Filming such a scene in a bustling city like Vegas was no small feat, especially at night, when it’s at its busiest. While the cast filmed their scenes on a stage in Albuquerque, the actual stunts all took place in Vegas. As Heald explained, the chase took place “in the Arts District, over near the Stratosphere, and up and down one section of Las Vegas Boulevard between Caesars and the Flamingo.”

Pulling it off took a lot of assistance. “The police were incredible,” Heald added. “They told us we were only able to shut down the street for five to seven minutes at a time, but sometimes we got 15 minutes. They held traffic while 17 precision drivers, two stunt drivers with a camera car, and a very scared director—me—sat in the passenger seat watching. They really were careening down the strip at 80-90 miles an hour!”

Another key scene in the penultimate episode of Obliterated took a lot of coordination. “There’s a huge sequence that takes place right near the strip, at the corner of Flamingo and Las Vegas Boulevard. It involves explosives, debris falling from the sky, motorcycles, gunfire, and huge crowds,” Hurwitz, who directed the episode, said. “It’s very difficult to wrangle all those elements, but it was so satisfying once we were able to do it. It gave the whole series that big action set-piece we promised from the first episode.”

A rooftop scene in the finale was a lot of work too. “It was just a monster,” Heald said. “We shot it over multiple days on the rooftop of the Rio. You have gun battles, rocket launchers, martial arts, all with the looming threat of a nuclear bomb that could go off any minute.”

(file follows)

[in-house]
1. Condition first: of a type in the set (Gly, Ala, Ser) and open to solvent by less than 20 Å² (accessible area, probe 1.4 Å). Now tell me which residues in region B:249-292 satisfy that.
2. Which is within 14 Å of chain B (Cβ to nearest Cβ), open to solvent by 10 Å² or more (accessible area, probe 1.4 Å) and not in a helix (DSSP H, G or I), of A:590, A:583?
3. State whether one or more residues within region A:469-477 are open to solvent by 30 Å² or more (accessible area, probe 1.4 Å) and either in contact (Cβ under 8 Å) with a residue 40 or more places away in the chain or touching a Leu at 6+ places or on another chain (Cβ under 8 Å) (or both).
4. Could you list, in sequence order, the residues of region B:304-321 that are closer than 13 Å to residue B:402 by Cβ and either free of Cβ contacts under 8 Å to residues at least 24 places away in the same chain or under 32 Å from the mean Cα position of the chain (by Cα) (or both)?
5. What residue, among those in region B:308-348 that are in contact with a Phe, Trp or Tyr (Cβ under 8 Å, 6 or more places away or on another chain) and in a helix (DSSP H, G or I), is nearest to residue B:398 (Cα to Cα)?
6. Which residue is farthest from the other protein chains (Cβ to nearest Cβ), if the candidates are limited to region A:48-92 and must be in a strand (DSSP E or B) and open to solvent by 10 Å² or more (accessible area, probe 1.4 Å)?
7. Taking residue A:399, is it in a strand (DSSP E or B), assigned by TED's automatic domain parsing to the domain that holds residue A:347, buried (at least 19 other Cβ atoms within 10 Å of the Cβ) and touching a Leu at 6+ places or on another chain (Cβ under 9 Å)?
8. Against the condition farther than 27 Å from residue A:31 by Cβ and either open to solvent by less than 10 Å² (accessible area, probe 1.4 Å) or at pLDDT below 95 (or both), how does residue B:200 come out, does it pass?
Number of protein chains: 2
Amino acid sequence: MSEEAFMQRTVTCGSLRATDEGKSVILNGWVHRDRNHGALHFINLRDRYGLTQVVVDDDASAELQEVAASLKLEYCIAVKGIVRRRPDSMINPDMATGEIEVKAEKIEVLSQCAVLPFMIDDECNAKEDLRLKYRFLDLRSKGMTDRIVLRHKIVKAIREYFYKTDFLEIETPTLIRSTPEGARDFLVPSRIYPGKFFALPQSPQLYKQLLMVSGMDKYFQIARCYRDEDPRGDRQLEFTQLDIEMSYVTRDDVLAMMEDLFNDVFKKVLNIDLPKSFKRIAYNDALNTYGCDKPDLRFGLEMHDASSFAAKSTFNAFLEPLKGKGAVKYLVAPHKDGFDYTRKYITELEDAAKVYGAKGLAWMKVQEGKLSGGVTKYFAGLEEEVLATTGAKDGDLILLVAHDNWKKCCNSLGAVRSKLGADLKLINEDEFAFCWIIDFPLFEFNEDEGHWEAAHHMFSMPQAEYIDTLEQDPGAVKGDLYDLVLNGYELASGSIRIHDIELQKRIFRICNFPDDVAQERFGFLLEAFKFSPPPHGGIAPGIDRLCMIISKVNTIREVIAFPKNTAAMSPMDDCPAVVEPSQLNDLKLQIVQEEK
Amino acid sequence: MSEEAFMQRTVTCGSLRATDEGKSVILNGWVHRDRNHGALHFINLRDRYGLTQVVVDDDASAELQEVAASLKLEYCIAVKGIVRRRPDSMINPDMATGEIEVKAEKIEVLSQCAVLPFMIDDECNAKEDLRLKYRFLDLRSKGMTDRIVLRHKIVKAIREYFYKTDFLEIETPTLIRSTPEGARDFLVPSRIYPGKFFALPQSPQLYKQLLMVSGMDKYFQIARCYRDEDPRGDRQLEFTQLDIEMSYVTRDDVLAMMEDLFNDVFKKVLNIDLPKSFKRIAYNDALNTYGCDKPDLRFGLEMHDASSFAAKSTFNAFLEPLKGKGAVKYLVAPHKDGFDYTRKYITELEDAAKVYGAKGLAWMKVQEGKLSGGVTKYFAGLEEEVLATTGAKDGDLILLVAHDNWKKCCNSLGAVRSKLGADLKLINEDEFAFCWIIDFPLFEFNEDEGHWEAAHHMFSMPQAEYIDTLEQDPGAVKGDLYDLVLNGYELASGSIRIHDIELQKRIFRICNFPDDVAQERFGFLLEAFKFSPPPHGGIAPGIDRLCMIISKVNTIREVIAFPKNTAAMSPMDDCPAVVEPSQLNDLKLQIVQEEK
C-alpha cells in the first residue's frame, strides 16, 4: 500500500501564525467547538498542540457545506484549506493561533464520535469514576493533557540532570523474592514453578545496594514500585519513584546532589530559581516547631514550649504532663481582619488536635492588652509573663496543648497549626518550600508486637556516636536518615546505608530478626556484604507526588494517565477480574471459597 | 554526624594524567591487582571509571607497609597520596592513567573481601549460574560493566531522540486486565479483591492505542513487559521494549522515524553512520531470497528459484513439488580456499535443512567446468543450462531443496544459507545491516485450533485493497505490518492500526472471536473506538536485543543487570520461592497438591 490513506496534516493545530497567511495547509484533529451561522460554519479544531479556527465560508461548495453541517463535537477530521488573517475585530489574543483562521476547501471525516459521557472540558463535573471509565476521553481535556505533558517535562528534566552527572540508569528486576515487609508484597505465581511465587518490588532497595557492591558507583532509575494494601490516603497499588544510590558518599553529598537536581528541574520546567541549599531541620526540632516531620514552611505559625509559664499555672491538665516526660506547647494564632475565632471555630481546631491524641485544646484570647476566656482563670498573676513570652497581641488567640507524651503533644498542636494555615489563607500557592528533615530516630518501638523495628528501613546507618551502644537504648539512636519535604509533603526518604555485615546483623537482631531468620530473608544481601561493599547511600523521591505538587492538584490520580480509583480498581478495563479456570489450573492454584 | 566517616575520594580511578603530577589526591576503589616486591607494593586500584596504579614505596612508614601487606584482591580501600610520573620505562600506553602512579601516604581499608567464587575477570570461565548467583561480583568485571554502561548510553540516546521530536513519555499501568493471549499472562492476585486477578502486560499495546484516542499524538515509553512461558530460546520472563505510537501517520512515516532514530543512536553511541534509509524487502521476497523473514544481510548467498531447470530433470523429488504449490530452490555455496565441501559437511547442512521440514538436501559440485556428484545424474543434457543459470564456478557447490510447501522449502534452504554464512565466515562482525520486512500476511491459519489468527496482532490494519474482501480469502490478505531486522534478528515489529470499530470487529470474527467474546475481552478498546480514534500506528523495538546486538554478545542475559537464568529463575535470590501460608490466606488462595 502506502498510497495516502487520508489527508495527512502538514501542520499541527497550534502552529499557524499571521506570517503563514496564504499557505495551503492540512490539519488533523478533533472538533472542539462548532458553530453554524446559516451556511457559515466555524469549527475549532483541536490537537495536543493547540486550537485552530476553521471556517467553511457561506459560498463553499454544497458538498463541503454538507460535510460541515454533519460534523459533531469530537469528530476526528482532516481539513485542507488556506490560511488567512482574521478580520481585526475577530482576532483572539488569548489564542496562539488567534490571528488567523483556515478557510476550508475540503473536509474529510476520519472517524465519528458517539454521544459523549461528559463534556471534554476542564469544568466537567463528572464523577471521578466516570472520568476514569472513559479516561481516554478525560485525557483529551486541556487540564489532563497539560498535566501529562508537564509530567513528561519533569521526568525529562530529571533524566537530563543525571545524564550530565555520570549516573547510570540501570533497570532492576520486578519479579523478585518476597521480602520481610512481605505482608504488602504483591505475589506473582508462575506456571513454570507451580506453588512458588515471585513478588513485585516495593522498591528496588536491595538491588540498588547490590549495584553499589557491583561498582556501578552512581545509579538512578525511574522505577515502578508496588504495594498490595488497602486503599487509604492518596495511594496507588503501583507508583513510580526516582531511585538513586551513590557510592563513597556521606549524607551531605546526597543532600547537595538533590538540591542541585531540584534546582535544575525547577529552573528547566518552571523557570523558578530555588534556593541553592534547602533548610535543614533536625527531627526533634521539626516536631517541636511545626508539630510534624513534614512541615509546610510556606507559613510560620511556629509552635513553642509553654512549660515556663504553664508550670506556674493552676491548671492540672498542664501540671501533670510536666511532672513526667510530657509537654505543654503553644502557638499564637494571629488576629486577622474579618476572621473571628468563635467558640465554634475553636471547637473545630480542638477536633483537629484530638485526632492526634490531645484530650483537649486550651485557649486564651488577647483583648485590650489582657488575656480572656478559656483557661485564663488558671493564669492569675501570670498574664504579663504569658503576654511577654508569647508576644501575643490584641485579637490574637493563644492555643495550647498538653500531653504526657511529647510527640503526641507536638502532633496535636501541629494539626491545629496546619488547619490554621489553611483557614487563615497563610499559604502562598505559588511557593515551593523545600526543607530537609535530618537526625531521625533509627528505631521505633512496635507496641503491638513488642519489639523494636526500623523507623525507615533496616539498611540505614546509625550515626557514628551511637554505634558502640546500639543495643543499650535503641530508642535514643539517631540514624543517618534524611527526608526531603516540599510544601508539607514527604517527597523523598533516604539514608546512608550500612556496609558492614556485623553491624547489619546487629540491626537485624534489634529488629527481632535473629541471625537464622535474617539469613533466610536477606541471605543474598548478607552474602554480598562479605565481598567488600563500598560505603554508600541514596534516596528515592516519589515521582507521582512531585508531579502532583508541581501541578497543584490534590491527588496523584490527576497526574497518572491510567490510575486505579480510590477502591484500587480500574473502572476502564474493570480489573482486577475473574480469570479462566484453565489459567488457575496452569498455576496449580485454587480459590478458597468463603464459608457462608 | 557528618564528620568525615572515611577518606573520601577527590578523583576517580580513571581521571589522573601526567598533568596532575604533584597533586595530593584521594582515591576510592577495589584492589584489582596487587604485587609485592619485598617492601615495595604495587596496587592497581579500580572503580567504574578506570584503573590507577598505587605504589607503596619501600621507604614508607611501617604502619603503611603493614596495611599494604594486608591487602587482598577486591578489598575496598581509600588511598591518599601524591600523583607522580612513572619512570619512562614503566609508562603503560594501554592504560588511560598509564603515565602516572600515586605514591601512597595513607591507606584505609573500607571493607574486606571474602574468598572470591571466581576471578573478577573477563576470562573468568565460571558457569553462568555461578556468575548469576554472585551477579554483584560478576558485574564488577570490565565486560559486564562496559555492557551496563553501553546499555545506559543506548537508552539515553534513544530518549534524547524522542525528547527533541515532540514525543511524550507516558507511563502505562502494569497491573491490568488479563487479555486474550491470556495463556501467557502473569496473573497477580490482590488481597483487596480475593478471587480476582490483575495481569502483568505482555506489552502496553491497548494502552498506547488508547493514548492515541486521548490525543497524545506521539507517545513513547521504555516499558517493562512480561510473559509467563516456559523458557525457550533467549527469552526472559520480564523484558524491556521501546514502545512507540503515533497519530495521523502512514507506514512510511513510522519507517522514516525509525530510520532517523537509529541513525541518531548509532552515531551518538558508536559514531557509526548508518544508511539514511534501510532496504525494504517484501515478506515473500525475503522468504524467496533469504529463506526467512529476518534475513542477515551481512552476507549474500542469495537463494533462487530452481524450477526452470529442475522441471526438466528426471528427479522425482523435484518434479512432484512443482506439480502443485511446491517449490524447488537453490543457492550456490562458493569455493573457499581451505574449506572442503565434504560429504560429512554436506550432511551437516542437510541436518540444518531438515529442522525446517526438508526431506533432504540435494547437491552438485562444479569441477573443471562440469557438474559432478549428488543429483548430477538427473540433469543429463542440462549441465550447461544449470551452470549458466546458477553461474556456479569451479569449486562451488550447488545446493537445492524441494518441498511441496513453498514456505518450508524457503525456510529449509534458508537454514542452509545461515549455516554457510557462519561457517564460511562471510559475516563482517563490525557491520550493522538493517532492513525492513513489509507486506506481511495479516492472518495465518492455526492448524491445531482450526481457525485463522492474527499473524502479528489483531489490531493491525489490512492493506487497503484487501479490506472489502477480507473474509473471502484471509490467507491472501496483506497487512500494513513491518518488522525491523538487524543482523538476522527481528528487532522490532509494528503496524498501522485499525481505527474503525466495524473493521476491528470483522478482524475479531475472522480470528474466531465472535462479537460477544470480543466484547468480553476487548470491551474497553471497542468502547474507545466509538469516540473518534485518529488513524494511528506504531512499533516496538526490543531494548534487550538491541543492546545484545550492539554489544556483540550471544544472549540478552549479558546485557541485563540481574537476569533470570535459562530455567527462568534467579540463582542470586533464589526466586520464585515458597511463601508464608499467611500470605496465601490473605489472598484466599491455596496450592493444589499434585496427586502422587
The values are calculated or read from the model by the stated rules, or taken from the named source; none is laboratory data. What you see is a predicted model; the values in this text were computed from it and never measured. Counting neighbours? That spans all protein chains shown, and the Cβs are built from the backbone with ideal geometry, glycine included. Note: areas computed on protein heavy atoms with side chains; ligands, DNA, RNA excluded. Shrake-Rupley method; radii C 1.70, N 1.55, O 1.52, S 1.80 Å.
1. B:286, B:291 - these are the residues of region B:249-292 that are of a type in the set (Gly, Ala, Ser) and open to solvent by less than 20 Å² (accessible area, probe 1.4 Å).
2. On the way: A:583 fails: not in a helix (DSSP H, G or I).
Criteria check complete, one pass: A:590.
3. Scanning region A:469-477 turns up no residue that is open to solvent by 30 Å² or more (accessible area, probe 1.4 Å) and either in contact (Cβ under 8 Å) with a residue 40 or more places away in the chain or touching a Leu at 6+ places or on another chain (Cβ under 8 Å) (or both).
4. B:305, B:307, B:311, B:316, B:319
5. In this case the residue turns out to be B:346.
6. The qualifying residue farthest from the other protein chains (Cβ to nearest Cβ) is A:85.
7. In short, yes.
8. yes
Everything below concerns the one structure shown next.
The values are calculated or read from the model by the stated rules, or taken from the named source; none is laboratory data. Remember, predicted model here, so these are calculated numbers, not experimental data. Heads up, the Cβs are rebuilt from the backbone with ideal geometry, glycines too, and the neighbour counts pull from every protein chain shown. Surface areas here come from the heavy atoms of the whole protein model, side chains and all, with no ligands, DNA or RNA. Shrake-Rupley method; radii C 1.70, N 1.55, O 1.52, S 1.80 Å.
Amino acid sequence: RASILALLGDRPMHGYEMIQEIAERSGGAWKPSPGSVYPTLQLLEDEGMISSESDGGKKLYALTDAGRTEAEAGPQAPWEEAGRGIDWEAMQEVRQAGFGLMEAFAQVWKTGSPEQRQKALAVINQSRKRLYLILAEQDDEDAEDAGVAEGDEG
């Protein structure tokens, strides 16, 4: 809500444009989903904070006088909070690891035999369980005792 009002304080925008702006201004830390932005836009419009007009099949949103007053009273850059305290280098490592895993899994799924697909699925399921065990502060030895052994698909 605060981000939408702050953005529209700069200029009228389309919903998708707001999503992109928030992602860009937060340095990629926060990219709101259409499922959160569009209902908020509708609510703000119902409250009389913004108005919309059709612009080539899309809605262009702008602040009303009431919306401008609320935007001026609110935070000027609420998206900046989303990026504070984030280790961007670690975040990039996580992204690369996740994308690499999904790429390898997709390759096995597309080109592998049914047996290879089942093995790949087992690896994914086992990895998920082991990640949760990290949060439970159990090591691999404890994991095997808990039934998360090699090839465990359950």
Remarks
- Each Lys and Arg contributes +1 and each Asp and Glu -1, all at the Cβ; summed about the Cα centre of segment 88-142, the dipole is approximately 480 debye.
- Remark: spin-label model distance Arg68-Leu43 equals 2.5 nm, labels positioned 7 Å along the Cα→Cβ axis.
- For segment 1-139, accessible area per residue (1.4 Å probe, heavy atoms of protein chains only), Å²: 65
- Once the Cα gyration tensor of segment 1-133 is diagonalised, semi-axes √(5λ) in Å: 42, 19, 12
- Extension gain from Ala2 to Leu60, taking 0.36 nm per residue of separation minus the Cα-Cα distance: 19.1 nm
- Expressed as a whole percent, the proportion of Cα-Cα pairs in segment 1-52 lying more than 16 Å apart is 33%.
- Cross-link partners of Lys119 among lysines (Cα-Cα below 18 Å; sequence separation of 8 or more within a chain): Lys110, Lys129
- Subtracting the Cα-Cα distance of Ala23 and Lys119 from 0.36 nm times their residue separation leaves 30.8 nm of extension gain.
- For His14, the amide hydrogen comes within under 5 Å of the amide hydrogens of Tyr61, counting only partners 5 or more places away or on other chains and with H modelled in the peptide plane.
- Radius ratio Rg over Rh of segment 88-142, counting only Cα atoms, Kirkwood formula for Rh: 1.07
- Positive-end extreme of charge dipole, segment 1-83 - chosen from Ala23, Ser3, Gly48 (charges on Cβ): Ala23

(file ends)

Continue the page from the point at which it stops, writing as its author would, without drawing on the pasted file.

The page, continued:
A photo including Nick Zano as Chad McKnight in Obliterated on Netflix

A lot of the action in Obliterated is perfectly over the top, and frankly a little ridiculous. But not too ridiculous. Getting a taste of Vegas, where half-naked showgirls and shirtless men regularly walk around promoting shows, where excess is very much the name of the game, and where buffets serve the most outrageous feasts you’ve ever seen, the madness of Obliterated feels very apropos.

As I flew through Fremont Street (where another key action scene takes place) on the zipline before being whisked away to the famous Little White Wedding Chapel where four full-time Elvis impersonators work to meet the demands of dozens of weddings a day, I couldn’t help but feel that the most bonkers and brazenly outrageous show of 2023 needs an equally bombastic city. And what better than Las Vegas?

Post source: TDB